As the Civil War wound itself up, Reverend Neely gained a reputation as a preacher not afraid to champion the institution of slavery as within the purview of Christianity. Rev. P. P. Neely knew a lot about slavery, and grew up with slaves all around. When he was a preacher in Columbus, MS he owned 6 as revealed on the slave schedules: 2 females aged 40, 1 female age 18, three boys with ages 2 months, 6 years, and 9 years. Back in Hardeman County, TN, his brother and nephews owned 57 slaves in 12 slave houses in 1860. He had preached in some of the most strongly worded expressions supporting disunion, for which he received both condemnation and praise. After Emancipation, one of the former slave women, “Sallie,” took the surname Neely after emancipation, and remained affiliated with the Finch Family for many years as a servant. Her fellow ex-slaves, Helen and Elvira, used the Finch surname and remained with the Yuille Family
In 1870 Edwin lived with his mother in the household of his Uncle W. S. Yuille, Aunt Julia and cousin Georgel; also at home were two boarders Charles and Belle Kay. By this time Ira T. Y. Johnson had moved to Wisconsin in the early 1860’s, then to Marshall County, IA where he raised a family. His sister Althea Malvina married Richard Ludlow, moved to Ohio, then Wisconsin, finally joining her brother in Marshall County about 30 miles southwest of her brother Ira in Greencastle.
The household listed at 96 State St. at Clairborne in 1876 was essentially the same. By this time, Edwin was working at 54 N. Commerce as a cotton factor, an important brokering occupation between growers and consumers, for the firm Rittenhouse Moore & Co. of which he was a partner. Of course, his wife Julia Neely Finch, two-year-old son Edwin, Jr., toddler Lucine, and infant Philip Neely Finch were there as well. Also at home was Dr. Yuillle, Edwin’s Aunt Julia and cousin George, who also worked for R. Moore & Co. William S. Yuille was born in 1826 [5 December] in Scotland [Hamilton, Lanarkshire], immigrating to America in 18XX with his brothers, John C. and R. L. Yuille who opened Mobile Steam Bakery at 92 Government. Dr. Yuille died in 1879 [December 18], leaving his widow Julia Johnson Yuille to watch over their 18-year-old son George Yuille. It was about this time that Edwin Finch took his family of 5 to New Orleans where the cotton market was booming.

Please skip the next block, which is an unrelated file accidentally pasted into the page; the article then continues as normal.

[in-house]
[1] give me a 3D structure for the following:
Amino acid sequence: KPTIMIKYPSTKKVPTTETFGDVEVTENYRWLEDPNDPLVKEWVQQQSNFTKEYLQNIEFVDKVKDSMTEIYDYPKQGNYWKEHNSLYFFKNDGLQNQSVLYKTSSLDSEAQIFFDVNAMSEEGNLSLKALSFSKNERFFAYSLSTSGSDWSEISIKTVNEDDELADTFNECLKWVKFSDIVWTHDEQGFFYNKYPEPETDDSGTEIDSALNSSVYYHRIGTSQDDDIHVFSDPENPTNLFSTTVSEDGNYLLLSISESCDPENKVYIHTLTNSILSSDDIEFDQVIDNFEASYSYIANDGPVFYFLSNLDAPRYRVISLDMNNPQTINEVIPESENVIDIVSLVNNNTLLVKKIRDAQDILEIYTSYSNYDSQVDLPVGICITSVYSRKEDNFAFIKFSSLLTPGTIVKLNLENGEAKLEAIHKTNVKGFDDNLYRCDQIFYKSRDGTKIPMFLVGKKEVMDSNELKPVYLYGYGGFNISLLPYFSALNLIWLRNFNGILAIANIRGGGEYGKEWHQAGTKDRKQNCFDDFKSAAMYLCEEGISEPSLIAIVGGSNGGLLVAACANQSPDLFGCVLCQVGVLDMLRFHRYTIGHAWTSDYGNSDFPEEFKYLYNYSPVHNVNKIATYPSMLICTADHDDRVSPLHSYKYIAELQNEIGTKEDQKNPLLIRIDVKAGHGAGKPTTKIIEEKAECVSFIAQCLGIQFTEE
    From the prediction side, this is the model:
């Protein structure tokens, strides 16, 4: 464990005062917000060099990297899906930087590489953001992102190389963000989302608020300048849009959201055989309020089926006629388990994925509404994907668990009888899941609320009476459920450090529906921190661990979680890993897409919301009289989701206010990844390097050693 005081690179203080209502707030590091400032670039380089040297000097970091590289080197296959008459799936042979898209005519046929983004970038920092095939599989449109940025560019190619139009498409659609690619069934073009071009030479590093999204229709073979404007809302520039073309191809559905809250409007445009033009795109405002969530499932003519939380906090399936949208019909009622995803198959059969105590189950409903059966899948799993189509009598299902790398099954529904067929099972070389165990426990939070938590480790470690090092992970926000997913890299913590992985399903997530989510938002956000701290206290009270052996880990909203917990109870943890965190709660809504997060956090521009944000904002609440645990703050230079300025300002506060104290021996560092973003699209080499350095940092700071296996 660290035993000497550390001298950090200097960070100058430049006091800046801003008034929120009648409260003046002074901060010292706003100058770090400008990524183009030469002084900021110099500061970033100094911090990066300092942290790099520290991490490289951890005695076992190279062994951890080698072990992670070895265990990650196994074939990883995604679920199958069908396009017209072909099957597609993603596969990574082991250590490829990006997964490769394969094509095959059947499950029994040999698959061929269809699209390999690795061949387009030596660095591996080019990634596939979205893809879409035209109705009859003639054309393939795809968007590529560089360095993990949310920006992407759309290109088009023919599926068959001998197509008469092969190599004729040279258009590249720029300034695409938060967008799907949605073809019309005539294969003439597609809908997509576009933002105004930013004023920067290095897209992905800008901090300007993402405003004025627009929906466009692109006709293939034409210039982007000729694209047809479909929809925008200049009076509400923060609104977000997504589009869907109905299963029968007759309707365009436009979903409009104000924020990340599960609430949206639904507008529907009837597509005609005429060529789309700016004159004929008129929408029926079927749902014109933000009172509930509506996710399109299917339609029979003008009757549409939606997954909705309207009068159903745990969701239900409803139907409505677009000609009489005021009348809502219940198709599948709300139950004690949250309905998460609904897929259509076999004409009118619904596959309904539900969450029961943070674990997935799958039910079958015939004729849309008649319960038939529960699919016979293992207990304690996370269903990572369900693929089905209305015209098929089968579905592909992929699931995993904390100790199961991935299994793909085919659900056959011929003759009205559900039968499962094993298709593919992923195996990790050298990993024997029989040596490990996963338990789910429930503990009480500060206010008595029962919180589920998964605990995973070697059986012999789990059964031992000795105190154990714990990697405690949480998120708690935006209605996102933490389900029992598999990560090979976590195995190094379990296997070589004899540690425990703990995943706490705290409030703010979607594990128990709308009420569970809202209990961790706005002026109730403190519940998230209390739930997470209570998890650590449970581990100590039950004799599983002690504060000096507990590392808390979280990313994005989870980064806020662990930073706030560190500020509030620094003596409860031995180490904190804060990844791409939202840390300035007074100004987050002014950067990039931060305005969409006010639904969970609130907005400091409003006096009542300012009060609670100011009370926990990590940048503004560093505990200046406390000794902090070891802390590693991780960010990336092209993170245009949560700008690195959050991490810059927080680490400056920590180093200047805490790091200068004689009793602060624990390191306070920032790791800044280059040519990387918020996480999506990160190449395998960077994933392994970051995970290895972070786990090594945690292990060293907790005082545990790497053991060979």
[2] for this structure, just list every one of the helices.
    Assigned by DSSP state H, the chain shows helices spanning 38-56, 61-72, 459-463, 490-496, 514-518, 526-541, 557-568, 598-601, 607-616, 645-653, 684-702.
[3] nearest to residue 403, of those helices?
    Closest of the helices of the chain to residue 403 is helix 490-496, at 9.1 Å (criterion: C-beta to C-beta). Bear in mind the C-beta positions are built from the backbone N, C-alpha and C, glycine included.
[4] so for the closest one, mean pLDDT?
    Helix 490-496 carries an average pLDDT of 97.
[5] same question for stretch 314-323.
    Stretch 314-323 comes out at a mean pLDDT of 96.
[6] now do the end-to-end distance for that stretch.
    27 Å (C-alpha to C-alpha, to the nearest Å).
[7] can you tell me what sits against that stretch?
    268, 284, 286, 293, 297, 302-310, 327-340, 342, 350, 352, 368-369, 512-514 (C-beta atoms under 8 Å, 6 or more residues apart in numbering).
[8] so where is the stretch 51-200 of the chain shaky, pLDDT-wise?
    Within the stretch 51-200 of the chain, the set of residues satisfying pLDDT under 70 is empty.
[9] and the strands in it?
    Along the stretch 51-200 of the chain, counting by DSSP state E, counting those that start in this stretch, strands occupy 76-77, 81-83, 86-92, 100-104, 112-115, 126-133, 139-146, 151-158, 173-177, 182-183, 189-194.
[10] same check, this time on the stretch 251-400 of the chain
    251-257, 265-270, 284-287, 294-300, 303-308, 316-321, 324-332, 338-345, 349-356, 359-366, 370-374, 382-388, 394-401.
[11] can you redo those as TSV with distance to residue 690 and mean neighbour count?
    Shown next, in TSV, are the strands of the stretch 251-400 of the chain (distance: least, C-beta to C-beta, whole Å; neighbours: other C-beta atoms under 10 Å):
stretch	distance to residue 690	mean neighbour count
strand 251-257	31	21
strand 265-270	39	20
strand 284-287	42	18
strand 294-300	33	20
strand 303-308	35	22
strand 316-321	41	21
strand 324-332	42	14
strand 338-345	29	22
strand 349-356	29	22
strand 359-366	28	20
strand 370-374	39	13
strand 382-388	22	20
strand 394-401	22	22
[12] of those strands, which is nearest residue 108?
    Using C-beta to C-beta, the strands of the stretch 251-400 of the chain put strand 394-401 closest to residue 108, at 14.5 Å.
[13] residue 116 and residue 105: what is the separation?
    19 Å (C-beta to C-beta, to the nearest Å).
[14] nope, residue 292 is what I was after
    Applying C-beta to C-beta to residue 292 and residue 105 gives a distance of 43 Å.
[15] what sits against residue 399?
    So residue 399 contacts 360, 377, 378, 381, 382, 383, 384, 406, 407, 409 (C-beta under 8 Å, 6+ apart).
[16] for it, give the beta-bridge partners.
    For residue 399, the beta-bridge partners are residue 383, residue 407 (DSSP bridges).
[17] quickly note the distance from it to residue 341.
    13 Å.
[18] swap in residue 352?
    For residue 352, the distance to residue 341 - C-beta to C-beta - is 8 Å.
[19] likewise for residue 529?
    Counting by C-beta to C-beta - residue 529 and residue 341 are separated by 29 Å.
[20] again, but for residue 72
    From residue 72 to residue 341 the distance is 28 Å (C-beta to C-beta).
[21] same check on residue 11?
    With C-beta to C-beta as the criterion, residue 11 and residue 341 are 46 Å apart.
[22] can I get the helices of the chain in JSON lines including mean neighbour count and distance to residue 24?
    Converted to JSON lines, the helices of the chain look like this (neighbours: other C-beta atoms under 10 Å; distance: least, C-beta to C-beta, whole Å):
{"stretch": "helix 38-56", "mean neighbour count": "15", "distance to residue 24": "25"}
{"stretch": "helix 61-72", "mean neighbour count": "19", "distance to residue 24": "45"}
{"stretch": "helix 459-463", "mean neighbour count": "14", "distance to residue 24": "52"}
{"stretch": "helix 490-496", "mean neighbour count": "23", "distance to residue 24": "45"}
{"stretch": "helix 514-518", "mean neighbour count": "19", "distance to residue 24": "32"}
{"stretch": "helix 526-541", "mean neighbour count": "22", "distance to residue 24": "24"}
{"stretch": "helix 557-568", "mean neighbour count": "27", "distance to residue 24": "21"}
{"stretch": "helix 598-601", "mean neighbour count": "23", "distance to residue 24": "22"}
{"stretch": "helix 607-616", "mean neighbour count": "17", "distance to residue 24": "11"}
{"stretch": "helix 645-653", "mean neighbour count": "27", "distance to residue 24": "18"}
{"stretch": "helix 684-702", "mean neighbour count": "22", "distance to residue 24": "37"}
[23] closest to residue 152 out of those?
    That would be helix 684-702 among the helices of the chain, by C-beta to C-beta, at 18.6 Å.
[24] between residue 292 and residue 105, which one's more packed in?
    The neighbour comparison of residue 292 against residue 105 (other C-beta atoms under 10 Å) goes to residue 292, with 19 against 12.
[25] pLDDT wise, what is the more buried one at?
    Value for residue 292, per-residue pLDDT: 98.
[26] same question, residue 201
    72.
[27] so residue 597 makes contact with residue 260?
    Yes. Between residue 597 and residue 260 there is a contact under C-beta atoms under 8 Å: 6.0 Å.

New Orleans, Louisiana
New Orleans in 1880 was a thriving commercial center, the tenth largest city in the nation with a population of 216,890. [It had long been the largest shipping port on the Gulf of Mexico]. The Finches first lived at 230 DeLord, moving to #183 Terpsicore [now 1401 Terpsichore] in what is now called the Lower Garden District. They established a household of 8, including Edwin (30), Julia (27), Edward, Jr. (7), Lucine (5), Philip (4), a boarder, Henry Phelps (32), a servant Julia Duffy (25), and 52 year old former slave, Sally Neely. Left behind in Mobile was Julia Neely, the widow of Rev. Neely, and Julia Yuille, the widow of William Yuille.
In 1885 when Lucine was 10 the Finch family moved to Birmingham, AL, a thriving new metropolis founded in 1871 and named for Britain’s huge manufacturing colossus. They lived first at Park Avenue Hotel (1890), then at 2212 4thAvenue (1896), a street anchored by the First Presbyterian Church six doors down. There in Birmingham Lucine finished her secondary education, and had certainly been stimulated by efforts on her behalf by her mother, Lucena Finch, a teacher and principal and her grandmother Julia Neely, a music teacher. Lucine was last noted in Birmingham in 1896.
While she grew to adulthood in Birmingham, family left behind in Mobile dispersed to other American cities. Ira Sylvander Younglove learned his bookkeeping skills well, and when his sister Florence married David Launder and moved to the boomtown of Chicago, he and his mother Ferona Johnson Younglove joined them in their move. Lucene’s mother Lucena Finch moved from Mobile to Iowa to live with her brother Ira T. Younglove Johnson and sister Althea Malvina Ludlow in Marshall County, IA.